Save energy and earn revenue
What if businesses were told that they could use less energy and get paid more for it? Demand response programs in Australia and New Zealand can do just that; Jeff Renaud, Director, ANZ, of EnerNOC, explains how they work.
Turning off unused lighting, migrating from desktop computers to Energy Star laptops and using office equipment with high energy ratings can improve efficiencies and reduce utility bills. Energy reductions are good business practice, but beyond the savings that organisations realise through their own initiatives, there are larger, more immediate opportunities that exist to engage in smart and effective energy use. Demand response (DR) programs are available in many parts to the world to help businesses turn short-term reductions in consumption into additional revenue streams for their organisation.
Demand response is a broad term used to describe the act of modifying energy use in response to supply signals. Instead of generating more power when the demand for electricity increases, many electricity operators are now operating DR programs where they pay to engage commercial and industrial organisations to perform energy reductions. Organisations participating in the DR program can realise financial benefits both in the form of lower energy prices and significant participation payments.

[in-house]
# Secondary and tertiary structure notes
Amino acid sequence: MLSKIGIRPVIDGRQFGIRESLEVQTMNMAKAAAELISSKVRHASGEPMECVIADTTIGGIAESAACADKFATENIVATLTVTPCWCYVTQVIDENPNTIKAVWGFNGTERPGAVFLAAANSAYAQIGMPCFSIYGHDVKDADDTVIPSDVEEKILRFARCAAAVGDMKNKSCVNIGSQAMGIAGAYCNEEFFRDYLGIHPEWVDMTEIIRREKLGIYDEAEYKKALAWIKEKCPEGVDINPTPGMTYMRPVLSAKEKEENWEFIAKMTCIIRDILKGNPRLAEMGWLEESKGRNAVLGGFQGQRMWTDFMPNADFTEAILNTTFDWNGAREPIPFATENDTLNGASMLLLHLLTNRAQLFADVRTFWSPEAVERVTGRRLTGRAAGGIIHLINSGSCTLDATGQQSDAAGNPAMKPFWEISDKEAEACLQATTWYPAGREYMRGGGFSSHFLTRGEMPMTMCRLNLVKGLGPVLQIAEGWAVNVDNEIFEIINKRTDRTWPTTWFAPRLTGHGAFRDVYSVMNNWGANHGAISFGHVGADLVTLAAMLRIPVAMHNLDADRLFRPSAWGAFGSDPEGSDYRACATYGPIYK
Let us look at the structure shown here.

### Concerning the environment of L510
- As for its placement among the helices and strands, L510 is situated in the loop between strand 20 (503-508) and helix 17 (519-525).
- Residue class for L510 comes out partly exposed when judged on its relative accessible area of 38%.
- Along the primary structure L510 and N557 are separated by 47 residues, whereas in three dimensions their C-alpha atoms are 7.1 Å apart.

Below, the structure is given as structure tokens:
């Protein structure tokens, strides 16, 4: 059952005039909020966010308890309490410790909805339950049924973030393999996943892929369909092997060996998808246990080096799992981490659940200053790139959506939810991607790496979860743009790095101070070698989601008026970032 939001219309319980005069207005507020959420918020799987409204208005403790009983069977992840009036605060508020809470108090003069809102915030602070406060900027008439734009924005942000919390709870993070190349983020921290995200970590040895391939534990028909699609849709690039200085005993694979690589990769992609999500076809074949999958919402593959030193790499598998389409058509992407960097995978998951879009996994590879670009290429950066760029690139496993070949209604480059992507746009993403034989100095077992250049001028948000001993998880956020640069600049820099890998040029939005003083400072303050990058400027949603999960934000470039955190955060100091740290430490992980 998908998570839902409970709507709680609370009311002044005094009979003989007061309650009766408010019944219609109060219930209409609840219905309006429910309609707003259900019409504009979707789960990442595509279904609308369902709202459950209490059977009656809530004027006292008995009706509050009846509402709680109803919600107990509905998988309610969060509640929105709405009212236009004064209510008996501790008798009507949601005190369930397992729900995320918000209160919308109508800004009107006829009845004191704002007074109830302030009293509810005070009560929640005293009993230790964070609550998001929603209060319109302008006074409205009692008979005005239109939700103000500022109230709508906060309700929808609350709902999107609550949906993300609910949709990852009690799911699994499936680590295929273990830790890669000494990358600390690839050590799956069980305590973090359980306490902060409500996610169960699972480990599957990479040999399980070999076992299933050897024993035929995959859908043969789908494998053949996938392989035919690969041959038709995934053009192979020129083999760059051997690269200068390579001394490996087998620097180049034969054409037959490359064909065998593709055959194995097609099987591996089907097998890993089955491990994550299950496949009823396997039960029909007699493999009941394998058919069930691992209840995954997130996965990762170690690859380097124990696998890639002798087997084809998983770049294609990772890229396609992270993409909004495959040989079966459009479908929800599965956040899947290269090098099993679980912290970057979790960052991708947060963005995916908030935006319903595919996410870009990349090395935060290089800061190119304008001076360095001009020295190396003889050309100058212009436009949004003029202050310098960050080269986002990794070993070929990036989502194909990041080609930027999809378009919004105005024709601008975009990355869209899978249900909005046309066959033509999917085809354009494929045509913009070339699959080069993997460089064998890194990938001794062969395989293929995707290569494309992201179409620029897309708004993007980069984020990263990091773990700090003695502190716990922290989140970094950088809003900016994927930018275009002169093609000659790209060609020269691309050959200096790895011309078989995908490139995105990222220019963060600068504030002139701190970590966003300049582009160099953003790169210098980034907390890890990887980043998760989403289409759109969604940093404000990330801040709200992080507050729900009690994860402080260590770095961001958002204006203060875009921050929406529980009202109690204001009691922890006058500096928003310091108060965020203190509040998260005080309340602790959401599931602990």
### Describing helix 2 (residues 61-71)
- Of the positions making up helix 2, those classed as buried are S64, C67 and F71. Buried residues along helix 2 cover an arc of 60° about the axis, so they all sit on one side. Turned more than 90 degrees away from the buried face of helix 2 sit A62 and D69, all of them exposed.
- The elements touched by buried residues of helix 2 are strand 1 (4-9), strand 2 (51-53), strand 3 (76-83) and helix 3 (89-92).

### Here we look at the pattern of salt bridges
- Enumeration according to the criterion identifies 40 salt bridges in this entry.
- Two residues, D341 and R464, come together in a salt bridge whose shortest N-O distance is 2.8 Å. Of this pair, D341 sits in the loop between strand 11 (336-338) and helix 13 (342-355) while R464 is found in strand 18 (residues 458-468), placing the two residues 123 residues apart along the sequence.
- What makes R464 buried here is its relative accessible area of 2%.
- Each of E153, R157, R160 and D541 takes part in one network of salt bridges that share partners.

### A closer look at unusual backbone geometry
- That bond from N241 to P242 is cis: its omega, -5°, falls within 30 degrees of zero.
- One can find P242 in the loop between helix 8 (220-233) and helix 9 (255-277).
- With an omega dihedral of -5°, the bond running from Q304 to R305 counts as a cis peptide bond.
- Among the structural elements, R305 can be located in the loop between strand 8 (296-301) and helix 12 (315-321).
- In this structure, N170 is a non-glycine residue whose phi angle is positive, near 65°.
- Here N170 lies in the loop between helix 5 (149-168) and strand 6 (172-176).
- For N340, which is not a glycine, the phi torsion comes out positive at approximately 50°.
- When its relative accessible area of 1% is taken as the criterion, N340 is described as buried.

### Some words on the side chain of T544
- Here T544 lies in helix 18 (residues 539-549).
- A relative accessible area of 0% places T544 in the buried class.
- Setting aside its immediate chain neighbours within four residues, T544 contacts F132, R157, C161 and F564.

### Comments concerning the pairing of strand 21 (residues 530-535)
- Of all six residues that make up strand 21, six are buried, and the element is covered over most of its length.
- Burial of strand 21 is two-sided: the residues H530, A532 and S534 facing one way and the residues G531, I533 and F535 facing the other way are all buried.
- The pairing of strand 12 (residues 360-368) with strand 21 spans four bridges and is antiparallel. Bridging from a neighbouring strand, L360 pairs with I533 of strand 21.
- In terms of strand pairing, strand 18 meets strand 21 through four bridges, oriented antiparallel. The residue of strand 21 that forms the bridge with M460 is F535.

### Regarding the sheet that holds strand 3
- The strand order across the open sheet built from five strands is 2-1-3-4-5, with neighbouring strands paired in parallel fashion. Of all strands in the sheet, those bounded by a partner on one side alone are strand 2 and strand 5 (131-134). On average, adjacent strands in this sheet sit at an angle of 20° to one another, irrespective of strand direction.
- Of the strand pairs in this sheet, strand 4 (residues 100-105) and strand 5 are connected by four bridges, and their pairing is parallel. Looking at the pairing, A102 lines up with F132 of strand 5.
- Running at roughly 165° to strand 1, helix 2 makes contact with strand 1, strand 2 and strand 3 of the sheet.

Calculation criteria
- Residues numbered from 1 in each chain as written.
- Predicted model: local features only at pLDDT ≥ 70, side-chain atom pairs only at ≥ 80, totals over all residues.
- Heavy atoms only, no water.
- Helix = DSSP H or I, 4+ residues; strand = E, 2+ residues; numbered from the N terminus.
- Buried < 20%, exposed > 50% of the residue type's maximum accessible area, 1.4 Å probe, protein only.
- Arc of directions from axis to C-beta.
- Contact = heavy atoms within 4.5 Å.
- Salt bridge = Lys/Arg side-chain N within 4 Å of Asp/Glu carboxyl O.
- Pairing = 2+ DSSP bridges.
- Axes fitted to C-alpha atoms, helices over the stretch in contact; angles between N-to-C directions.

The varying needs of the grid have led to the creation of several different types of markets and corresponding DR programs, each with its own functions and benefits. Some markets can offer more than one program at a time, which provides extensive opportunities for interested businesses to participate in multiple programs simultaneously. This may seem confusing at first, but organisations can quickly realise the many benefits from participating in DR programs, so it is worth gaining a better understanding of what opportunities are available in the local electricity markets.
DR programs in Australia and New Zealand
Capacity markets, such as the one in Western Australia (WA), are electricity markets that forecast how much energy is needed to meet projected demand. To ensure that there is always enough supply, the market operator also incorporates ‘reserve capacity’, which includes the use of peaking power plants and DR resources. When electricity use spikes to risky levels, posing the threat of a supply interruption, these reserve resources are ‘dispatched’. While both resources are reliable, DR is a cleaner alternative as it reduces demand instead of generating more supply - after all, the greenest kWh is the one never used.
Programs in capacity markets provide advanced notification of potential grid emergencies, typically four to six hours ahead, allowing organisations to prepare for dispatch participation and the impact of supply interruptions, eg, brownouts and blackouts. This type of DR program suits a range of industries - everything from small dairies to large mining sites, commercial property buildings and manufacturing facilities. Methods of participation may vary, but many facilities choose to reduce energy by shutting down non-essential equipment or processes, or switching to on-site generation through the dispatch period.